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Arctic Ocean

Earth Ocean ::-- Arctic Ocean||Indian Ocean|| Pacific Ocean||Southern Ocean||Atlantic Ocean||

The Arctic Ocean

The Arctic Ocean, located in the Northern Hemisphere and mostly in the Arctic north polar region, is the smallest and shallowest of the world's five major oceanic divisions. The International Hydrographic Organization (IHO) recognizes it as an ocean, although some oceanographers call it the Arctic Mediterranean Sea or simply the Arctic Sea, classifying it as one of the mediterranean seas of the Atlantic Ocean. Alternatively, the Arctic Ocean can be seen as the northernmost part of the all-encompassing World Ocean.
Almost completely surrounded by Eurasia and North America, the Arctic Ocean is partly covered by sea ice throughout the year (and almost completely in winter). The Arctic Ocean's temperature and salinity vary seasonally as the ice cover melts and freezes; its salinity is the lowest on average of the five major oceans, due to low evaporation, heavy freshwater inflow from rivers and streams, and limited connection and outflow to surrounding oceanic waters with higher salinities. The summer shrinking of the ice has been quoted at 50%. The US National Snow and Ice Data Center (NSIDC) uses satellite data to provide a daily record of Arctic sea ice cover and the rate of melting compared to an average period and specific past years.

Arctic Ocean History

For much of European history, the North Polar regions remained largely unexplored and their geography conjectural. Pytheas of Massilia recorded an account of a journey northward in 325 BC, to a land he called "Eschate Thule," where the Sun only set for three hours each day and the water was replaced by a congealed substance "on which one can neither walk nor sail." He was probably describing loose sea ice known today as "growlers", or "bergy bits." His "Thule" may have been Iceland, though Norway is more often suggested.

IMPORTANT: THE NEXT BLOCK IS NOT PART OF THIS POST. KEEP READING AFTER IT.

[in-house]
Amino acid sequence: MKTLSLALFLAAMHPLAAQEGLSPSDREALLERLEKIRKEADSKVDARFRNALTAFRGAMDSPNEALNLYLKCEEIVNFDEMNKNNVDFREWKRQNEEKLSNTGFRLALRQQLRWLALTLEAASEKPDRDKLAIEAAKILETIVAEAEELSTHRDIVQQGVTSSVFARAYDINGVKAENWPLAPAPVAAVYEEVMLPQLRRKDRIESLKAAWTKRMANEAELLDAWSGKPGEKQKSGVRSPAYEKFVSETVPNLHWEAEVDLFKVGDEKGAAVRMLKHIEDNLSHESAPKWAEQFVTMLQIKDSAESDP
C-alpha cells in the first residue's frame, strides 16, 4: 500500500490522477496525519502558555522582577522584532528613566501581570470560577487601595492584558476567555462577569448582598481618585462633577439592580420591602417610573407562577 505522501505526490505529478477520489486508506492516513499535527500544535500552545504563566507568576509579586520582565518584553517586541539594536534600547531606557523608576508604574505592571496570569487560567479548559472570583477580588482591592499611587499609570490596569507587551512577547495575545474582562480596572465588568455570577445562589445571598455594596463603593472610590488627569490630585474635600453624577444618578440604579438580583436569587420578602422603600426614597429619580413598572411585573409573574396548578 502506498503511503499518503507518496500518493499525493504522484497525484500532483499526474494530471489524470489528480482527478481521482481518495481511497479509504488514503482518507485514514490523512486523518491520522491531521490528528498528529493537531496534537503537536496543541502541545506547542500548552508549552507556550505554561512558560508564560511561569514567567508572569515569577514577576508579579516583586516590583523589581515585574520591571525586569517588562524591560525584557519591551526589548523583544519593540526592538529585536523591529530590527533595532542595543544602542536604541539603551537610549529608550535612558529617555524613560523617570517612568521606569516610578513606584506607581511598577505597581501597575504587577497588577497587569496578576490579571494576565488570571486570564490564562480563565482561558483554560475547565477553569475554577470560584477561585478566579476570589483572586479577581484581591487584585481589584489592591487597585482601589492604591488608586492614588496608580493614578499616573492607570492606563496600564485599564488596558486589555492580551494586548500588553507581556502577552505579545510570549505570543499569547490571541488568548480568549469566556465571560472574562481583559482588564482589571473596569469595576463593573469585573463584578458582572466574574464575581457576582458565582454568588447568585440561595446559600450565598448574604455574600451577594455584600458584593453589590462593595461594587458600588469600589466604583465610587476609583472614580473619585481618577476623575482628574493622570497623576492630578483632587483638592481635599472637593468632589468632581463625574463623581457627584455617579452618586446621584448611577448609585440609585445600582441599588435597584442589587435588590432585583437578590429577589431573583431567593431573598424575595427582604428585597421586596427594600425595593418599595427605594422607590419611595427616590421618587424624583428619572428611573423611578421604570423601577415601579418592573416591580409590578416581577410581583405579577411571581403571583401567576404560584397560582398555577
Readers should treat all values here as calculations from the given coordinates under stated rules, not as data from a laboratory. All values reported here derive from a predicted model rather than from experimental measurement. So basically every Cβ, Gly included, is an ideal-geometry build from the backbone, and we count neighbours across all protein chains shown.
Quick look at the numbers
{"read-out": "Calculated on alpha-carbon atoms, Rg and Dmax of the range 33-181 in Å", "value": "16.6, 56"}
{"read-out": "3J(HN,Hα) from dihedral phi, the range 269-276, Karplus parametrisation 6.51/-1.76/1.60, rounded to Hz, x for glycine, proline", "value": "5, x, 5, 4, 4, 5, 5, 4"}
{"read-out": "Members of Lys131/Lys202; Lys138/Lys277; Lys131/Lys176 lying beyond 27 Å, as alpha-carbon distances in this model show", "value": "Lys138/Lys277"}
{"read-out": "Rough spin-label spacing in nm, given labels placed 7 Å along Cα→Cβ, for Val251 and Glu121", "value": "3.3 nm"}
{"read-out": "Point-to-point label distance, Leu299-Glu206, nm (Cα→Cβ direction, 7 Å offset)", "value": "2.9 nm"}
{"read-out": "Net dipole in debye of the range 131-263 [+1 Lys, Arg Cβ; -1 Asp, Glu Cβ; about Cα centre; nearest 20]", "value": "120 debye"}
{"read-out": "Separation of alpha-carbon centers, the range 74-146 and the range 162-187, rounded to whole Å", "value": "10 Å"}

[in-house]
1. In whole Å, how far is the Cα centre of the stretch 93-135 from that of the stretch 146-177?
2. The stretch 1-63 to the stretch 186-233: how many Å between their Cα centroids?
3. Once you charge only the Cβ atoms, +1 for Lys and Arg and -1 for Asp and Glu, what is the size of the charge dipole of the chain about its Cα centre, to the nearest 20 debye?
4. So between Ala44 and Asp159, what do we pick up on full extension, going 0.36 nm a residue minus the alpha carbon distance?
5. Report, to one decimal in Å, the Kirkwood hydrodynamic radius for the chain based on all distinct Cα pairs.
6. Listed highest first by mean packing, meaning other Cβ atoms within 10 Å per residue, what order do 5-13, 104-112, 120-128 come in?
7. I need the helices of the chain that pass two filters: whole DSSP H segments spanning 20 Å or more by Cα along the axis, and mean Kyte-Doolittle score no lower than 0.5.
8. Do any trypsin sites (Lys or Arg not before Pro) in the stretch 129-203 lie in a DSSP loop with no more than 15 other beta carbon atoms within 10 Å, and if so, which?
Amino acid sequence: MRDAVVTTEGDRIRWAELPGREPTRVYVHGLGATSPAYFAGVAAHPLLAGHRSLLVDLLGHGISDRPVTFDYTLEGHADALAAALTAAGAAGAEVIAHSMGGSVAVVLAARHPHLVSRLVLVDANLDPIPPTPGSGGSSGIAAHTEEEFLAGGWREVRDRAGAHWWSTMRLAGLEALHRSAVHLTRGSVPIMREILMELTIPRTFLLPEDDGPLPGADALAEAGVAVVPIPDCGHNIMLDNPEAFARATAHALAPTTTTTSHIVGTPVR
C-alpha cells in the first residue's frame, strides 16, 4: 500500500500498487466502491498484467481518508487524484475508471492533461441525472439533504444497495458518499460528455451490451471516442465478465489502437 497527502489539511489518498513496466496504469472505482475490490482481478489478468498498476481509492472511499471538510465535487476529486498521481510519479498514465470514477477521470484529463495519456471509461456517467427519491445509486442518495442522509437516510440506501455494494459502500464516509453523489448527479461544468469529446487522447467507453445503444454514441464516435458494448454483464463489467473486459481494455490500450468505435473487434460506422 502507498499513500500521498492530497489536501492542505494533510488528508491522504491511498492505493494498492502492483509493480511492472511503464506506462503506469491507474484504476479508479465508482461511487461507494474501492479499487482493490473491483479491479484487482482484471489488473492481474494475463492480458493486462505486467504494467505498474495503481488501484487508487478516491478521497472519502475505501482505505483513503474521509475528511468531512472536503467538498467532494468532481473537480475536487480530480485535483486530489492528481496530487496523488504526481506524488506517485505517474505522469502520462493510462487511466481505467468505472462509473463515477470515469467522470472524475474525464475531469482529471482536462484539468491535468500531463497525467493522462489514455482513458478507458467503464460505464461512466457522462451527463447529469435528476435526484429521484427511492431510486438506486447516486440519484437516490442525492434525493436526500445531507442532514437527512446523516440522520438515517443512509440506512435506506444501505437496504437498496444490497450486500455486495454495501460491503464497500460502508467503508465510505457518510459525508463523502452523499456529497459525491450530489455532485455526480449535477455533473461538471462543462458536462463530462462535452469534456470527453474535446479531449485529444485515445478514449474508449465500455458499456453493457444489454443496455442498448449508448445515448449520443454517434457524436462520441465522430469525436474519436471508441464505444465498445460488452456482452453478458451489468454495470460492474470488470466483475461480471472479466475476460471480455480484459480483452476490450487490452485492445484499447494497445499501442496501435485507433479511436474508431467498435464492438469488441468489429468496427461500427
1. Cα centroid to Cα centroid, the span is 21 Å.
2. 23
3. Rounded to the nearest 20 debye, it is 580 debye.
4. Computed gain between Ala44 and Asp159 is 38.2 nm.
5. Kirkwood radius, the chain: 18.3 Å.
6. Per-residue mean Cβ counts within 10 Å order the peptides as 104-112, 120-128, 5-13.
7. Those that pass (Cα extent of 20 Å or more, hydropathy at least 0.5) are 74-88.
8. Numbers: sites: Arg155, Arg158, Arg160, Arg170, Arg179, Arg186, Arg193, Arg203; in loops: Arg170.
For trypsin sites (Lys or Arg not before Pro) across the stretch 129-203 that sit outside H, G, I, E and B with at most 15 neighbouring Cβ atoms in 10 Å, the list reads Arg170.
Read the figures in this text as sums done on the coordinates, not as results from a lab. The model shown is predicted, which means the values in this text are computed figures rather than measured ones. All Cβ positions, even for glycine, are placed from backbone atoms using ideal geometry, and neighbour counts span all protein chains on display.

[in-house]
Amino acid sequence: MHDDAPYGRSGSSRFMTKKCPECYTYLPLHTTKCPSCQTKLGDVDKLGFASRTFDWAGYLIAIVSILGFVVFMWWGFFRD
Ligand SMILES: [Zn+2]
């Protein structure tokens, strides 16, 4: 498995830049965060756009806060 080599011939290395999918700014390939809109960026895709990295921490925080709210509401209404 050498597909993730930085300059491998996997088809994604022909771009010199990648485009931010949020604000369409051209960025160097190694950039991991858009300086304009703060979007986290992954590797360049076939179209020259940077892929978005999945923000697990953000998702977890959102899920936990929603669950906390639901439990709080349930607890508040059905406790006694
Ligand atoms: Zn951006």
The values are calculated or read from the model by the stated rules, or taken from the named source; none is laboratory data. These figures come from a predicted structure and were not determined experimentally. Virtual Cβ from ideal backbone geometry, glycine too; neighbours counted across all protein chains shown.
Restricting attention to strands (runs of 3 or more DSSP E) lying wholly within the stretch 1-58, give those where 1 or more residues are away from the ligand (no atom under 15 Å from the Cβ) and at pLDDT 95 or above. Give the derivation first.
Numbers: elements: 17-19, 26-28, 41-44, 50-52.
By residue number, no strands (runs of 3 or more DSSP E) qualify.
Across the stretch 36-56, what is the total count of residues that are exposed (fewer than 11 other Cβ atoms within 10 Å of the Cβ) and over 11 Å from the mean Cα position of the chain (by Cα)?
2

Early cartographers were unsure whether to draw the region around the North Pole as land (as in Johannes Ruysch's map of 1507, or Gerardus Mercator's map of 1595) or water (as with Martin Waldseemüller's world map of 1507). The fervent desire of European merchants for a northern passage to "Cathay" (China) caused water to win out, and by 1723 mapmakers such as Johann Homann featured an extensive "Oceanus Septentrionalis" at the northern edge of their charts.
The few expeditions to penetrate much beyond the Arctic Circle in this era added only small islands, such as Novaya Zemlya (11th century) and Spitsbergen (1596), though since these were often surrounded by pack-ice their northern limits were not so clear. The makers of navigational charts, more conservative than some of the more fanciful cartographers, tended to leave the region blank, with only fragments of known coastline sketched in.
This lack of knowledge of what lay north of the shifting barrier of ice gave rise to a number of conjectures. In England and other European nations, the myth of an "Open Polar Sea" was persistent. John Barrow, long time Second Secretary of the British Admiralty, promoted exploration of the region from 1818 to 1845 in search of this.